Notes from the Subsidiary Rights Program

María Jesús Aguiló, a native of Spain, moved to California in 1993 after completing a professional publishing course at the University of Barcelona and an internship with Antonia Kerrigan Literary Agency. In 1996 she joined Berrett-Koehler Publishers, where she is in charge of their international sales and subsidiary rights program. She attends several international book fairs a year, including Frankfurt, London, Guadalajara, and Beijing, and over the years has negotiated and signed over 1,000 subsidiary rights contracts.

Acknowledging that attendees all came from different types of companies, Aguiló explained that she would begin her presentation with a general introduction to subsidiary rights and conclude with a more in-depth question-and-answer session. She also mentioned that she would talk about digital rights, which until recently, were considered a sub-category of subsidiary rights (now, they are being considered primary rights).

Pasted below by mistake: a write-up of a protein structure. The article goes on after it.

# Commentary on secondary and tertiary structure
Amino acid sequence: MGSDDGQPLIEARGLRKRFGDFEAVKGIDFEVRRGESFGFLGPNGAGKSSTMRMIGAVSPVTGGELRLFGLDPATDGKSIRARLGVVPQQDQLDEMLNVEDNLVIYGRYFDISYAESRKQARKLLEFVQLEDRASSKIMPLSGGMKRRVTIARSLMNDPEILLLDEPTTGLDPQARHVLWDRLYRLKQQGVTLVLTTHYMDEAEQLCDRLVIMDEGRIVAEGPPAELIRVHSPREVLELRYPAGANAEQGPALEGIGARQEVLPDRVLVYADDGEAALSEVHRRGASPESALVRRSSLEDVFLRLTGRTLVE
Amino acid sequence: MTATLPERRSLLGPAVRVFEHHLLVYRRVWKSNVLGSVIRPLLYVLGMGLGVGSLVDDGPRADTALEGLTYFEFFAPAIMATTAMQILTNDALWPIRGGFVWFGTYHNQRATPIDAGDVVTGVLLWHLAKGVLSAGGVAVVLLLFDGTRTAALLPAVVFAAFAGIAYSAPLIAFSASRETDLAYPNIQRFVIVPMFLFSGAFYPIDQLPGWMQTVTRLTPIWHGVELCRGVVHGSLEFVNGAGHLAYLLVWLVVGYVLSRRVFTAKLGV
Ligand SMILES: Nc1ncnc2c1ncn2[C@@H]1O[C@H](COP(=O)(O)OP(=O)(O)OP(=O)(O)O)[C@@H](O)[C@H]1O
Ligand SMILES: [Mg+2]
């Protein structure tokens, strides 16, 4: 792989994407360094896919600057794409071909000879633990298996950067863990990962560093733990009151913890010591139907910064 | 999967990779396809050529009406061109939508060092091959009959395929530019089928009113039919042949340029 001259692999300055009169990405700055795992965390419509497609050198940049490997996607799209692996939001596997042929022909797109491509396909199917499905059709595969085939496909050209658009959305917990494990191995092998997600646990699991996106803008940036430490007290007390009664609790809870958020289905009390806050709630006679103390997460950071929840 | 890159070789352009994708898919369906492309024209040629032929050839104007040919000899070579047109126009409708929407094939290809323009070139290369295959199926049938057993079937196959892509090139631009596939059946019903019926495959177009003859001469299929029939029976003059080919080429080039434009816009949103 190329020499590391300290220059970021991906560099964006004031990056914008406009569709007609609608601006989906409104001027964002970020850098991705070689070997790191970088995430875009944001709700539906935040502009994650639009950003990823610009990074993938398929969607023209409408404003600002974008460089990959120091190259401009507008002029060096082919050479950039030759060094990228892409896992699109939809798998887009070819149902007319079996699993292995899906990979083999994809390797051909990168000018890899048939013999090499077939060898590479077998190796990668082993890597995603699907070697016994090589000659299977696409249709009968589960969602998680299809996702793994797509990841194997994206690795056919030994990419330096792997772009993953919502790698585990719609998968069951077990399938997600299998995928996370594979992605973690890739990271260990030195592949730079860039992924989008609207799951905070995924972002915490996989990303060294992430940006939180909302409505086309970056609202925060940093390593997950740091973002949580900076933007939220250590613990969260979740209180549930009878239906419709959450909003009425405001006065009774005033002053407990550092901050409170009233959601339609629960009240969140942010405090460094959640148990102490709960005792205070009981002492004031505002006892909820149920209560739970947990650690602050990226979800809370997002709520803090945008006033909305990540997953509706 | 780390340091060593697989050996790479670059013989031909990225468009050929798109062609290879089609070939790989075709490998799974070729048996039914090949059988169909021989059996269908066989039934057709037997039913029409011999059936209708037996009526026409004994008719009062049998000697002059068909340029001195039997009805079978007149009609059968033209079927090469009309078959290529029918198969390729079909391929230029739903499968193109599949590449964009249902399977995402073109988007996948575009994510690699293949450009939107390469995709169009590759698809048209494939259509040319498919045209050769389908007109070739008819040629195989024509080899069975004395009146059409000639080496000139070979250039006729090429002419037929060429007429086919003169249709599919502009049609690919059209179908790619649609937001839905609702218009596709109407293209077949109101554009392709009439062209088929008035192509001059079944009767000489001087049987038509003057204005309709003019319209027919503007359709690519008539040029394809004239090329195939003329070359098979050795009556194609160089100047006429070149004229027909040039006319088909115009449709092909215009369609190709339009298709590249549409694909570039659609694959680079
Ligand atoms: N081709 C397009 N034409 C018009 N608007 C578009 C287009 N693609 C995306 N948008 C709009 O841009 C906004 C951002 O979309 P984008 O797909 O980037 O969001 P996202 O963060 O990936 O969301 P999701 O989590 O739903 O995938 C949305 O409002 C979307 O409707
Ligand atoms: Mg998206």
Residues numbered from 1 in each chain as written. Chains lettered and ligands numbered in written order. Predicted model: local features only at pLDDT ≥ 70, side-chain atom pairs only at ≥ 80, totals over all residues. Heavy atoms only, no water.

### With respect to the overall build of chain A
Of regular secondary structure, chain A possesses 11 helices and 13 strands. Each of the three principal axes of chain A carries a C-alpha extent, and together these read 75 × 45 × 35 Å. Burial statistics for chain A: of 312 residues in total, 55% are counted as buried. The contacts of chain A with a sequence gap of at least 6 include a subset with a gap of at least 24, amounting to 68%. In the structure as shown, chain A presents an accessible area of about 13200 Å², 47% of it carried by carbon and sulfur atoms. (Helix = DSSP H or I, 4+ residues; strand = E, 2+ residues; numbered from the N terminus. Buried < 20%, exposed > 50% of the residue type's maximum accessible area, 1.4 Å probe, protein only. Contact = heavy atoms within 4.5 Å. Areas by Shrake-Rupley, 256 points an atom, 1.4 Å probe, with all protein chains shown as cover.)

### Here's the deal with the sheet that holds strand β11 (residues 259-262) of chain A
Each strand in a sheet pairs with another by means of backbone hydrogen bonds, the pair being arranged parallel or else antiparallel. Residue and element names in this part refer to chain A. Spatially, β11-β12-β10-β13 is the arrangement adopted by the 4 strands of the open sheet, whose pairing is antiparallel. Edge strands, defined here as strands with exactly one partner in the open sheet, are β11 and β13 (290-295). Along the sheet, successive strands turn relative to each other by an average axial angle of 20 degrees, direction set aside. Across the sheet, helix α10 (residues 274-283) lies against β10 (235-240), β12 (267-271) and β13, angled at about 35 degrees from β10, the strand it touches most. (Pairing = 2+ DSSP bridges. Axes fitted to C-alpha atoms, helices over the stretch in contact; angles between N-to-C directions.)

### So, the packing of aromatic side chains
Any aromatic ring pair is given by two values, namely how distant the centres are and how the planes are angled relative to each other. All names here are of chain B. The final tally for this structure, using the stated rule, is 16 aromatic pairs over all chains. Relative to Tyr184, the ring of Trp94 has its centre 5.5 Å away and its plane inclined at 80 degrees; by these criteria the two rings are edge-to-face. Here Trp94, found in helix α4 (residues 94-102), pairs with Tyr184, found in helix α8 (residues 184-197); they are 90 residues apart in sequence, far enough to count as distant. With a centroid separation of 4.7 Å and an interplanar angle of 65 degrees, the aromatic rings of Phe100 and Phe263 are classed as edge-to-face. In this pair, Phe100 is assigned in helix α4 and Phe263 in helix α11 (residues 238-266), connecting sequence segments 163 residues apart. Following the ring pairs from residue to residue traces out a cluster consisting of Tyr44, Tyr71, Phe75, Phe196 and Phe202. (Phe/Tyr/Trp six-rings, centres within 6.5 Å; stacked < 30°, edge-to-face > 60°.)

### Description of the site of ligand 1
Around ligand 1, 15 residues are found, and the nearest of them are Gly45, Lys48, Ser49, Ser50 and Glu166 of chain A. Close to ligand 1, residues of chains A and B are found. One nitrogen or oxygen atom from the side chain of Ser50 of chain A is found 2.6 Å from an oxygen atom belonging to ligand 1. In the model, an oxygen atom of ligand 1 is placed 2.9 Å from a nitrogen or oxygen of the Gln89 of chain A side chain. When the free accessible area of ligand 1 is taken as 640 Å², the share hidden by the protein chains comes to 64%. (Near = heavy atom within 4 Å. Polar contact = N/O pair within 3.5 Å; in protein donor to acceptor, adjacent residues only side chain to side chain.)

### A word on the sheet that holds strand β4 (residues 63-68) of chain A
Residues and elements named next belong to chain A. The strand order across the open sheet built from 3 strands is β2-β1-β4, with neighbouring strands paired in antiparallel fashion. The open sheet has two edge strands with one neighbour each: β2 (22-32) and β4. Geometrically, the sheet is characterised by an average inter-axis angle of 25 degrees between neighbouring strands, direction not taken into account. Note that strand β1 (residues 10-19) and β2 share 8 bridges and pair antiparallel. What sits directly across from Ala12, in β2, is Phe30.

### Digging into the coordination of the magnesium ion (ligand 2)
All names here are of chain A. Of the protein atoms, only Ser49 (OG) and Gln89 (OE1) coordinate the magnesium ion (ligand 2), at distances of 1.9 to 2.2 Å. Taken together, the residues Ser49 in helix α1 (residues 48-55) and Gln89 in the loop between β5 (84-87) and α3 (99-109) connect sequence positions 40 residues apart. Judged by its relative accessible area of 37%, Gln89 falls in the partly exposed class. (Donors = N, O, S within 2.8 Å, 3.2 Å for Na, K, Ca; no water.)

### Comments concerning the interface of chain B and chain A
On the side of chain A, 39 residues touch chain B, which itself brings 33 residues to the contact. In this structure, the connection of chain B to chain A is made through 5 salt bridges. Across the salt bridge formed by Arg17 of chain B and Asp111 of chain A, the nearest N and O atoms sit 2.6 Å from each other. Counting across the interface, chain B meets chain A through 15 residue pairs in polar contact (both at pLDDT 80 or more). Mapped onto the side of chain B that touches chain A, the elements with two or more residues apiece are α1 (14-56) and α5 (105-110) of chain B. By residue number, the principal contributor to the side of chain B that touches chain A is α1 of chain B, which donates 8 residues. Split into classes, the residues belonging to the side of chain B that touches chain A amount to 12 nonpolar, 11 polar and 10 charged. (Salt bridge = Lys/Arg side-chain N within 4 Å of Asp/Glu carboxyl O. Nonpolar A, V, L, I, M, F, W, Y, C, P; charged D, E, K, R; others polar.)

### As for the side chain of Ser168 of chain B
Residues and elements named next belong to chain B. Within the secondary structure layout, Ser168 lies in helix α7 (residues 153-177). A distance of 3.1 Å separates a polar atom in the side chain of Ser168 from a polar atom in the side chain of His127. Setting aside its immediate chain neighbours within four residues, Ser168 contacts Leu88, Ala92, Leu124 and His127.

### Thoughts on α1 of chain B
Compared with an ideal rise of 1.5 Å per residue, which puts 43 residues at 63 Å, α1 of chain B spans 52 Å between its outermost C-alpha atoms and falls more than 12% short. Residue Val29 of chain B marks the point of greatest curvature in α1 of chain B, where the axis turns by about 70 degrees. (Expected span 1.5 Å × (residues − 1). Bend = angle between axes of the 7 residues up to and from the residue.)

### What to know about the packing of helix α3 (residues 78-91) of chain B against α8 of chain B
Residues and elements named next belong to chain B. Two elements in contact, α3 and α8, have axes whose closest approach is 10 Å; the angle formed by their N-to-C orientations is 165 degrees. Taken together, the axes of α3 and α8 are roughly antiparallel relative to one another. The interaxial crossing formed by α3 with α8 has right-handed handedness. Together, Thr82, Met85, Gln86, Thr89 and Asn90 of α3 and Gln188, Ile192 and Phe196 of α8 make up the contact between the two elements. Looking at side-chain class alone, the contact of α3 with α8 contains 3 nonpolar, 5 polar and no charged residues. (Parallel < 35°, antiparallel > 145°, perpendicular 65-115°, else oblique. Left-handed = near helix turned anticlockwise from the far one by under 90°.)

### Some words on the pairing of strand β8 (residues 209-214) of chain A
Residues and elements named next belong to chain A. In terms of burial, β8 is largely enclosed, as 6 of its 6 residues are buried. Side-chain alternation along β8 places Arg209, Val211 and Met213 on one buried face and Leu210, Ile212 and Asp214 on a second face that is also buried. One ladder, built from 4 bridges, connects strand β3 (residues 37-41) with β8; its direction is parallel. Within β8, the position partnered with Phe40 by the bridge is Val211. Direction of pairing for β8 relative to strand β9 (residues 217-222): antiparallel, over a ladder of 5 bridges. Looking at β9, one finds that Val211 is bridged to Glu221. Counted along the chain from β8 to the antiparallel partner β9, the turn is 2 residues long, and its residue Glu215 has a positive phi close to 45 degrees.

Aguiló explained that subsidiary rights currently pertain to translation, audio, and film. In Berrett-Kohler’s case, translation represents the bulk of their subsidiary rights contracts. Since the company’s founding in 1992, Berrett-Kohler has signed over 1,400 translation rights contracts, despite the fact that it only produces 40 books per year. This means that each book is translated into an average of 5-6 languages. To date, Berrett-Kohler titles have been translated into more than 40 languages. Berrett-Kohler’s subsidiary rights revenue comes primarily from translations, a sum that amounts to 8-10% of the company’s overall revenue. Translations, therefore, can contribute significantly to a publisher’s income.